Cranny, Kincaid Crank Out Killer Last Laps to Take US 10,000m Titles

WITH EXPLOSIVE FINAL LAPS, CRANNY AND KINCAID TAKE USATF 10,000M TITLESBy David Monti, @d9monti(c) 2023 Race Results Weekly, all rights reserved

 

 

EUGENE (06-Jul) — Capping a full night of distance action here at Hayward Field at the University of Oregon, Olympians Elise Cranny and Woody Kincaid took the 10,000m titles at the Toyota USATF Outdoor Track & Field Championships with sizzling last-lap sprints.  Cranny, who represents the Nike Bowerman Track Club, got the best of USA record holder Alicia Monson of the On Athletics Club, running her final circuit in 62.6 seconds and finishing in 32:12.30.  Kincaid, who represents Nike, came out on top after a fierce four-way battle with Grant Fisher, Joe Klecker, and Sean McGorty.  Kincaid’s last lap of 54.8 seconds could not be matched by the others and he beat Klecker by 1.5 seconds in 28:23.01.

 

 

Elise Cranny winning the 2023 USATF 10,000m title in 32:12.30 (photo by Jane Monti for Race Results Weekly)

 

 

 

 

 

TACTICS PLAYED A BIG ROLE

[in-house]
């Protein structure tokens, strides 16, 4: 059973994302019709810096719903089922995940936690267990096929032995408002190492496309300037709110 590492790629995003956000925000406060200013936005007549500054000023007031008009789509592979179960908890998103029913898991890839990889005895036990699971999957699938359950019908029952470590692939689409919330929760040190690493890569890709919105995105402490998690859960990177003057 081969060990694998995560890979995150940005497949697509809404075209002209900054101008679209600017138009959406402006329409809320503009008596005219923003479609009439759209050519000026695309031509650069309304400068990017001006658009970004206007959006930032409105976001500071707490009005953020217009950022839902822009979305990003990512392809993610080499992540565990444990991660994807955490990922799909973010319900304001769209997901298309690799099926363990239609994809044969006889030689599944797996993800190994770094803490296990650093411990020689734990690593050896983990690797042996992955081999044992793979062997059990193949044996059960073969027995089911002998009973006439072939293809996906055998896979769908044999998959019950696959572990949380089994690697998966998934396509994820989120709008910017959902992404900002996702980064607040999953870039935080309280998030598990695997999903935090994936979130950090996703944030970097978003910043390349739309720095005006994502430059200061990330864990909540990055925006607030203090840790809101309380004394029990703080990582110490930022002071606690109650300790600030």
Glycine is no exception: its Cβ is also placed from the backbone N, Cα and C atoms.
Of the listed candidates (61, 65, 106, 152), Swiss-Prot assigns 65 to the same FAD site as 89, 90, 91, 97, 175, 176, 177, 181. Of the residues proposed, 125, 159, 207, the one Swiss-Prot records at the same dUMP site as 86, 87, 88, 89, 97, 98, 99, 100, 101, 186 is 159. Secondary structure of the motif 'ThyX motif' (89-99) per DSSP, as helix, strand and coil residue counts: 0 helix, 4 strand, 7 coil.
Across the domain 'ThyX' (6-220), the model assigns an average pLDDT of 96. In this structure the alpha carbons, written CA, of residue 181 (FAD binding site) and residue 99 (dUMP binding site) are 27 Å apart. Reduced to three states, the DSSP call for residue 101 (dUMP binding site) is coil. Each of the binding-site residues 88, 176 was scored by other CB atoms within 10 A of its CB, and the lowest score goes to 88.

It was no surprise that both races were tactical affairs, and both started off at a crawl.

 

 

“The pace felt easy, but the anticipation that you knew that the longer we kept running 68, 70-second laps it was just going to get really hard, really quick,” said Klecker, who represents the On Athletics Club.  “So, when Grant made that move to the front it did not feel good to go cover it.”

 

 

Woody Kincaid celebrates after winning the 2023 USATF 10,000m title in 28:23.01 (photo by Jane Monti for Race Results Weekly)

 

 

 

 

That move came with three laps to go when Fisher, the USA record holder, blasted a 60.4-second circuit which broke open the race.  Only Kincaid, Klecker and McGorty were able to follow, and two-time Olympic 5000m medalist Paul Chelimo was dropped (he would finish fifth).  At that point, Fisher was confident about his strategy.

 

 

“I squeezed it down a bit,” he told reporters.  “I thought I squeezed it well enough to shake some people off, but have something at the end.  Just called it wrong; just didn’t have enough at the end.”

 

 

Indeed, in the final lap Fisher got rolled-up by all three of his remaining rivals and ended up finishing fourth in 28:25.61. Kincaid knew that if he could just keep Fisher reasonably close he would have the sprint speed to beat him.